K-12 expenses are not considered an Illinois Qualified Expense. If a withdrawal is made for such purposes it may be a Federal Qualified Withdrawal and not included in income for federal and Illinois purposes, but if an Illinois income tax deduction was previously claimed for Contributions to the Account all or part of that deduction may be added back to income for Illinois income tax purposes. You should consult with your legal and tax advisors in such circumstances.

  • Bright Start provides an informational “Contribution Summary”. It is posted to your Bright Start account online in the mid-February timeframe. Once logged into your account view “Statements & Tax Forms”.

    You can also view year-to-date contributions on your December 31 account statement. Year-to-date contributions are included below the pie chart on your statement.

    Contributions are reported on a cash basis. If you made any contributions online at the end of December or by mail with a late December postmark you will want to see if they were included in the transaction activity on your December 31st account statement or if they were posted in January as a “Prior Year” contribution.

    A contribution must be postmarked to Bright Start no later than December 31st of a tax year (and received by Bright Start on or before January 12).

  • An Illinois taxpayer may deduct contributions made to Bright Start —

    • up to $10,000 (individual)
    • up to $20,000 if married filing a joint return

    The $10,000 (individual) and $20,000 (joint) limitations on deductions will apply to the total contributions made to Bright Start, Bright Directions, and CollegeIllinois.1

  • The Illinois state income tax deduction is available to an individual who contributes to an Account and files an Illinois state income tax return.

  • If you made a gift contribution to a Bright Start account that you do not own, be sure to include the account number, contribution amount, and check the box in column c: gift on Schedule M (IL-1040). If you do not have the account number for a gift contribution, attach a copy of the canceled check and the name and address of the Bright Start account owner.

  • December 31. A contribution must be postmarked to Bright Start no later than December 31st of a tax year.

    Contributions addressed to Bright Start and postmarked on or before December 31, will be invested on the day the check is received and if received early in January of the following year will be coded as a “Prior Year Contribution”.

  • If your contributions were made by rolling over funds from another college savings program into Bright Start – the amount of the rollover that constituted investment in the prior qualified tuition program for federal income tax purposes (but not the earnings portion of the rollover) is eligible for the deduction limits discussed above. You should consult your tax or legal advisor about the availability of such deduction.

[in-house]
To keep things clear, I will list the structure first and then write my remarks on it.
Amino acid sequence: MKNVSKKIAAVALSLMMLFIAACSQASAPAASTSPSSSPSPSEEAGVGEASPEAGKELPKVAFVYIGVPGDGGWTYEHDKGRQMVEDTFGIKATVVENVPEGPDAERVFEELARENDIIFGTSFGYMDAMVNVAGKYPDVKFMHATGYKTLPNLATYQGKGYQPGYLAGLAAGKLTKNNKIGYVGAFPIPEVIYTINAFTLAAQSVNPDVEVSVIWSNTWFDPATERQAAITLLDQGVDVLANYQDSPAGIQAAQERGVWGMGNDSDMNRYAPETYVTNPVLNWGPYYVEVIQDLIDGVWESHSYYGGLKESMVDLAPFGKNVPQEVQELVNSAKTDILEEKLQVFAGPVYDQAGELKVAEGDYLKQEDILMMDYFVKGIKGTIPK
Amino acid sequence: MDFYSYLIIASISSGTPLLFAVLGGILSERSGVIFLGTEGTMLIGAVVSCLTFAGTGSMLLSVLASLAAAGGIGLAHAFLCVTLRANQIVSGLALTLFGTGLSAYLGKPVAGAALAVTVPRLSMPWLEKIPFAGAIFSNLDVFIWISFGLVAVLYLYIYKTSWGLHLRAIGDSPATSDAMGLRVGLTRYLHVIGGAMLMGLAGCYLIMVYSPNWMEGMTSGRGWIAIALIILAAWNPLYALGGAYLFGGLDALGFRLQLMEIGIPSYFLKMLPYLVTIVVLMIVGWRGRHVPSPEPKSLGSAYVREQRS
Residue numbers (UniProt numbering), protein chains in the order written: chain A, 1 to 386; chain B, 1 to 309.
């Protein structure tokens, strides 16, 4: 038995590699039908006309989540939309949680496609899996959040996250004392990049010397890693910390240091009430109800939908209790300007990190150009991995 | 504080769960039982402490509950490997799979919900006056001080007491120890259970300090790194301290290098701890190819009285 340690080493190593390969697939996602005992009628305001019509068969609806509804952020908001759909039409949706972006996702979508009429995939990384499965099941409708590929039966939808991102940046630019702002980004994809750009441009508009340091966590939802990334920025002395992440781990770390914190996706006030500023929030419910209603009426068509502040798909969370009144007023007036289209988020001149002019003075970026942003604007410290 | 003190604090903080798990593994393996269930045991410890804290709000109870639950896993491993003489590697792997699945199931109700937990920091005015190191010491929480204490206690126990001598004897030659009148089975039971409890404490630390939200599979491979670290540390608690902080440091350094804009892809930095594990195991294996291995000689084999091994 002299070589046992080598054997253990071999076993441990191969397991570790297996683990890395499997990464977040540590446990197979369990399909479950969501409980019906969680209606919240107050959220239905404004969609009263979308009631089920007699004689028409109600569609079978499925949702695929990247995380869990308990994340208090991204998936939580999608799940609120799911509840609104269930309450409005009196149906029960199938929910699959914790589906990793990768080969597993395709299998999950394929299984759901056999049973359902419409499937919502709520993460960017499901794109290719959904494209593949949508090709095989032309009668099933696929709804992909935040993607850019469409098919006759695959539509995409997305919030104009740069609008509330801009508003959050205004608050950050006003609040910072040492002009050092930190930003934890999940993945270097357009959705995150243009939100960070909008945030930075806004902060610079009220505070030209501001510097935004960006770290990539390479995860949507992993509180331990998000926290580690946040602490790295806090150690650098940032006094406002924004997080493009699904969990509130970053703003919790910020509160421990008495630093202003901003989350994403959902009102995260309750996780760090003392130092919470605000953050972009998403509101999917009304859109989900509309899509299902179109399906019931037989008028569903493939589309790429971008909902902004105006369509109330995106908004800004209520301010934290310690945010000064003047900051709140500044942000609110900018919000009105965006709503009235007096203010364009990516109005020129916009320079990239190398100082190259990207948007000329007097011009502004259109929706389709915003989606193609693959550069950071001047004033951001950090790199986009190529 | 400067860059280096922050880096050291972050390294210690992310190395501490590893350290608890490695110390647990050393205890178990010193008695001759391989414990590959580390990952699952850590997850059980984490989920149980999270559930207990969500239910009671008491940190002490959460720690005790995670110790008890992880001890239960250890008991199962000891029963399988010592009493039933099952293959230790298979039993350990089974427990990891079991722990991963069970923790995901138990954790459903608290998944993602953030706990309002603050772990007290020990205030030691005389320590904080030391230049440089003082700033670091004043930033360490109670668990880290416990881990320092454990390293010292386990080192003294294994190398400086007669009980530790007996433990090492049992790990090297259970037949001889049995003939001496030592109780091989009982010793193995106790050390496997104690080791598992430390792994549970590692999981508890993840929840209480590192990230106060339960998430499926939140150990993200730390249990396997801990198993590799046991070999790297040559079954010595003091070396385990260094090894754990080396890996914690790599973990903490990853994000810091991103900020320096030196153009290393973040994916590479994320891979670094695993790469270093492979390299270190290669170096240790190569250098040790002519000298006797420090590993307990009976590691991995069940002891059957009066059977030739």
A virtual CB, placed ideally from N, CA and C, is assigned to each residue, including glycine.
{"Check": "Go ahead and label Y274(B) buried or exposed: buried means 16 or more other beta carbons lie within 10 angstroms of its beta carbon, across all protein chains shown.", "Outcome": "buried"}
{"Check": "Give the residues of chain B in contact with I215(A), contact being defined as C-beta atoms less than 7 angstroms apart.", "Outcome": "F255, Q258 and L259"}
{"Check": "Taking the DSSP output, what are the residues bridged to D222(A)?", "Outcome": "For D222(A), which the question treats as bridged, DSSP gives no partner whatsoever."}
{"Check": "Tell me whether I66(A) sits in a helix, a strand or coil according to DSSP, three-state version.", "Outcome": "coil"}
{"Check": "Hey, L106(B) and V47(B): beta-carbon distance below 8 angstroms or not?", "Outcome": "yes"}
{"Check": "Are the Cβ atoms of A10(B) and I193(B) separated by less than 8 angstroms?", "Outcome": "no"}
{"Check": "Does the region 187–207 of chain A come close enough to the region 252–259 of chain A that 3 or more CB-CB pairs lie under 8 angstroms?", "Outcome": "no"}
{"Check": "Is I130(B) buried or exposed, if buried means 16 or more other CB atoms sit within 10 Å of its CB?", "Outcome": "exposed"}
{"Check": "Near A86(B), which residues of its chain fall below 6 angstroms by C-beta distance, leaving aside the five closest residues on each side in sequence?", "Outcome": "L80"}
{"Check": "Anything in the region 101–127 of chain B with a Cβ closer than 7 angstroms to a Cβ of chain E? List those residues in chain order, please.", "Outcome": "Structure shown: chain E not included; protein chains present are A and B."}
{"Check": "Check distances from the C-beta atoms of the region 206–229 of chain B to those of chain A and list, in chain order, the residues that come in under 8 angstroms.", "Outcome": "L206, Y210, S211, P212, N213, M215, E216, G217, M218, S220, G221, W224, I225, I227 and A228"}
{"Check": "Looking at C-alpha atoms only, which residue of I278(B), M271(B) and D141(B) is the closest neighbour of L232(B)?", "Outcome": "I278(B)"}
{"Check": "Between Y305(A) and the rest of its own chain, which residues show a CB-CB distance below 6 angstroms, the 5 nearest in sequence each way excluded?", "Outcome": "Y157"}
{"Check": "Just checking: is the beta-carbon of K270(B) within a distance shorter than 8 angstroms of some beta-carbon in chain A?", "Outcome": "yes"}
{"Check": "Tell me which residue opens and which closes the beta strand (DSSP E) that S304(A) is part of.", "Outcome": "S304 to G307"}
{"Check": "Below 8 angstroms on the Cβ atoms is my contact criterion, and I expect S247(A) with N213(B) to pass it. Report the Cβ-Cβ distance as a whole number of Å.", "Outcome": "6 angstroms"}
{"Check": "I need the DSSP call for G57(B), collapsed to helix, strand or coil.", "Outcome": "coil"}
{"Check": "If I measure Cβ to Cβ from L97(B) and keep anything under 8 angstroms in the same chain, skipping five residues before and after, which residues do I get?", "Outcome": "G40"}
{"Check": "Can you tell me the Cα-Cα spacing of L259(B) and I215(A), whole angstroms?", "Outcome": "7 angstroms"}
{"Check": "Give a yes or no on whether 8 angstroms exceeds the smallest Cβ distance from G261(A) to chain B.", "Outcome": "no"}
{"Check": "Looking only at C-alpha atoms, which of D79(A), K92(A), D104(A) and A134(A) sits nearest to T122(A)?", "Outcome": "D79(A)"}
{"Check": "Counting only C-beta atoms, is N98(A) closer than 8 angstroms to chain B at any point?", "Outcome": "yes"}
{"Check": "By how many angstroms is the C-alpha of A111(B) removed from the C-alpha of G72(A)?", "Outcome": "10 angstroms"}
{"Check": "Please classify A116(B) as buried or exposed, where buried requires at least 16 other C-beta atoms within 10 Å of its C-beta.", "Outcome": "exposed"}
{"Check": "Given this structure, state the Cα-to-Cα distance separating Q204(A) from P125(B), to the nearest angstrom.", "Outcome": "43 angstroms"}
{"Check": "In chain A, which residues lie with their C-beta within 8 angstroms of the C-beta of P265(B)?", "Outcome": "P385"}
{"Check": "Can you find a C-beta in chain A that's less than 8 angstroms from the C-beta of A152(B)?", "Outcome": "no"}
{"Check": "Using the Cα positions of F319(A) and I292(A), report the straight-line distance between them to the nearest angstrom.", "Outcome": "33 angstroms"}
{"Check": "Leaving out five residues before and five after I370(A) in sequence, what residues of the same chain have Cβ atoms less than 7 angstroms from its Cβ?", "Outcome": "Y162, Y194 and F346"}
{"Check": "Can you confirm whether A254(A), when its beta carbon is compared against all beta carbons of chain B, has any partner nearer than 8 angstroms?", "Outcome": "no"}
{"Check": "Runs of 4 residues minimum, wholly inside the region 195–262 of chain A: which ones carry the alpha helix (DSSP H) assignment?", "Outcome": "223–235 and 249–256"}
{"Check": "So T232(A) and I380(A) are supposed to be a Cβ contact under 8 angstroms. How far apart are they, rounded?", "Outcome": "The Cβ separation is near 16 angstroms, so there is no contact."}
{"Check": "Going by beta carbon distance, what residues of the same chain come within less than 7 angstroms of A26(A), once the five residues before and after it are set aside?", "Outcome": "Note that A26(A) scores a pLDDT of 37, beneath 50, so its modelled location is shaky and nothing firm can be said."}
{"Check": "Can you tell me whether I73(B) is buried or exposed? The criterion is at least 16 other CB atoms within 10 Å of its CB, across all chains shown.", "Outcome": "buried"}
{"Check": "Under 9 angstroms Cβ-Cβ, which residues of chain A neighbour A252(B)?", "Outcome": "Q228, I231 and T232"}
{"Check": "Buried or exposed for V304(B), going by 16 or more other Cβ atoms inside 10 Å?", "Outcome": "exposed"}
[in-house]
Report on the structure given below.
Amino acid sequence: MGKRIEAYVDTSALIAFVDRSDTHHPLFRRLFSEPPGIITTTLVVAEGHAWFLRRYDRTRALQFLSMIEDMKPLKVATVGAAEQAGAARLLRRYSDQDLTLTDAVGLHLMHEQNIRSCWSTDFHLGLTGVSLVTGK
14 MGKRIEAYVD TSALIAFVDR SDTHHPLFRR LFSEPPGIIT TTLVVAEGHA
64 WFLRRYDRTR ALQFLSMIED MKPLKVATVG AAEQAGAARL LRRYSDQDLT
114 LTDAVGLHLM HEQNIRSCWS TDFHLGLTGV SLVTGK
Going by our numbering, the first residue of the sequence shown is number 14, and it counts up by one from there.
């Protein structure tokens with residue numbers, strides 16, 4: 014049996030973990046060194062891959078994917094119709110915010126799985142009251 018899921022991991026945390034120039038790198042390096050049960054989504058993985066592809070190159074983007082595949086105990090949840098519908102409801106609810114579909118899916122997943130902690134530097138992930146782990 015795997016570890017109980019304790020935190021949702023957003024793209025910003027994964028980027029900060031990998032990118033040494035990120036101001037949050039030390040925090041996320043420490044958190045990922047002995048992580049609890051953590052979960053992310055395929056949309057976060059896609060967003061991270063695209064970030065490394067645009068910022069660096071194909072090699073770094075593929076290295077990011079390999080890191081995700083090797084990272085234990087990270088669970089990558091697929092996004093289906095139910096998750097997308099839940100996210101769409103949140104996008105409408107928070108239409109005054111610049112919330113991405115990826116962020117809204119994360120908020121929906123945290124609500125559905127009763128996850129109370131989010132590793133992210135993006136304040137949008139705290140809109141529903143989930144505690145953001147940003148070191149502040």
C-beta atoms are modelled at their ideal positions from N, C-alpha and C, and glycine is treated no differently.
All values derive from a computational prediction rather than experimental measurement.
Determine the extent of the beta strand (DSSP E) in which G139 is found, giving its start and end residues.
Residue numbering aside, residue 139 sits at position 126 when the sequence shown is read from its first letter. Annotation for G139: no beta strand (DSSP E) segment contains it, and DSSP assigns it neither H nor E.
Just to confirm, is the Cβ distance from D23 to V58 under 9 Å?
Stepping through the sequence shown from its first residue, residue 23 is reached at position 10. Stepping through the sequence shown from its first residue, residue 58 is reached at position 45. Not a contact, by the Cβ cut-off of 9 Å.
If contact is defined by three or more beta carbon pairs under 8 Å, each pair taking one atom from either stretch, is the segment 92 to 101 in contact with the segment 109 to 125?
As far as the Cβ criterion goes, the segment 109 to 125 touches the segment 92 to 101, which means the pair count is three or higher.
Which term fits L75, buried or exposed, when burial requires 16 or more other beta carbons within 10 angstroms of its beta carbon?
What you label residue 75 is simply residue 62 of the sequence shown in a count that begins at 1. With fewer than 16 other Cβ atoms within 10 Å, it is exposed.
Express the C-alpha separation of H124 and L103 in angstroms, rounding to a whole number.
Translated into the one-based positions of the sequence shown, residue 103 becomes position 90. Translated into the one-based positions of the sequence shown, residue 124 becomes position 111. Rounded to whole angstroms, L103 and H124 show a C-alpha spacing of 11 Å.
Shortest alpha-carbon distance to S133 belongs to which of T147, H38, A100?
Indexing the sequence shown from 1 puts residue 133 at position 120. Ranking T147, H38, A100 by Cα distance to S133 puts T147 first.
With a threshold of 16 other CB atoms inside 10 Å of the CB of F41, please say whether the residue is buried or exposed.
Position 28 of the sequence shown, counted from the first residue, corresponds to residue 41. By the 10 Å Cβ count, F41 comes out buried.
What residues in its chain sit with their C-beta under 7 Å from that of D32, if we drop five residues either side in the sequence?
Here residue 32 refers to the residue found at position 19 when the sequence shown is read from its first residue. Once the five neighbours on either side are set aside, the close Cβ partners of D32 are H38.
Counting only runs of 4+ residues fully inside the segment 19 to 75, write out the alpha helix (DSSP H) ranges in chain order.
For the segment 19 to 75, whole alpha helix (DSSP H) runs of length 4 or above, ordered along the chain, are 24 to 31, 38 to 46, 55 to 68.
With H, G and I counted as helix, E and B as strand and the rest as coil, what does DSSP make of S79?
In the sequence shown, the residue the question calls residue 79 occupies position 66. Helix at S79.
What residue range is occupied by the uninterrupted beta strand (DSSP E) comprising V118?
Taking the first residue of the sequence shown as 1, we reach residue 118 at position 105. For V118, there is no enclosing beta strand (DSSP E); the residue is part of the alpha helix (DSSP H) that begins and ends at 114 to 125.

• If you’re looking for your 2023 contributions to Bright Start – here are some helpful tips:

    1. Review your 4th quarter 2023 Bright Start statement to see year-to-date contributions. On the below statement you will see “Year-to-Date Contributions” below the pie chart. Note – contributions are reported on a cash basis. If you had a contribution in January 2023 that was a “prior year” contribution, make sure to adjust for that along with any contributions made late in 2023 that were received by Bright Start in early 2024. If a third party made contributions to your account they are deductible by the individual making the gift and not the account owner.

      Sample Bright Start End of Year Statement

    2. Log in to your Bright Start account online and review your 2023 transactions.
      1. Once logged in visit “Statements & Tax Forms”
      2. And Select “Contribution Summary”
    3. Review your bank account transactions to verify your contributions made to Bright Start in 2023. Contributions postmarked in 2023 are generally eligible for the Illinois state income tax deduction.
    4. Review the “Bright Start Contributions Summary” that is posted online to accounts mid-February. You’ll locate with your quarterly account statements.
    5. Rollovers. If you rolled funds to Bright Start from an out-of-state 529 plan — the principal or basis portion (not the earnings portion) is deductible for Illinois state income tax purposes.
  • If you took a withdrawal in 2023, whomever the check was payable to — whether it’s the account owner or the beneficiary — will receive IRS Form 1099-Q in the mail (mailed by January 31) or posted online to your account by February 1, 2024. The beneficiary will also receive the 1099-Q for any checks that were payable to the college.

    Check with your tax professional for the proper tax reporting.

  • Family and friends can contribute to your Bright Start account. And, gift contributions by a third party are deductible by the contributor for Illinois state income tax purposes. Note: Gift contributions are not deductible by the account owner. The person making the gift contribution may report it on their Illinois 1040 – Schedule M. Check with your tax professional for the proper tax reporting.

  • Individuals that made large gifts to a beneficiary need to review IRS Form 709 for potential filing requirements. Generally, gifts to a beneficiary that total $15,000 or more should be reviewed and may necessitate the need to file IRS Form 709.

    View IRS Form 709 and Instructions.

    Check with your tax professional.

Internal Revenue Service Circular 230 Notice

Although our professionals provide information about Bright Start, they cannot provide tax advice. The information, including all linked pages and documents, on the Bright Start website is not intended to be tax advice and cannot be used to avoid any tax penalties. Union Bank and Trust, and its affiliates, and its associates do not provide legal or tax advice. Any tax-related discussion, including all linked pages and documents, contained on the Bright Start website is not intended or written to be used, and cannot be used, for the purpose of: 1) avoiding any tax penalties that may be imposed under the Internal Revenue Code or applicable state or local tax law provisions; or 2) promoting, marketing, or recommending to any person any transaction or matter addressed herein. You should consult your own tax advisor.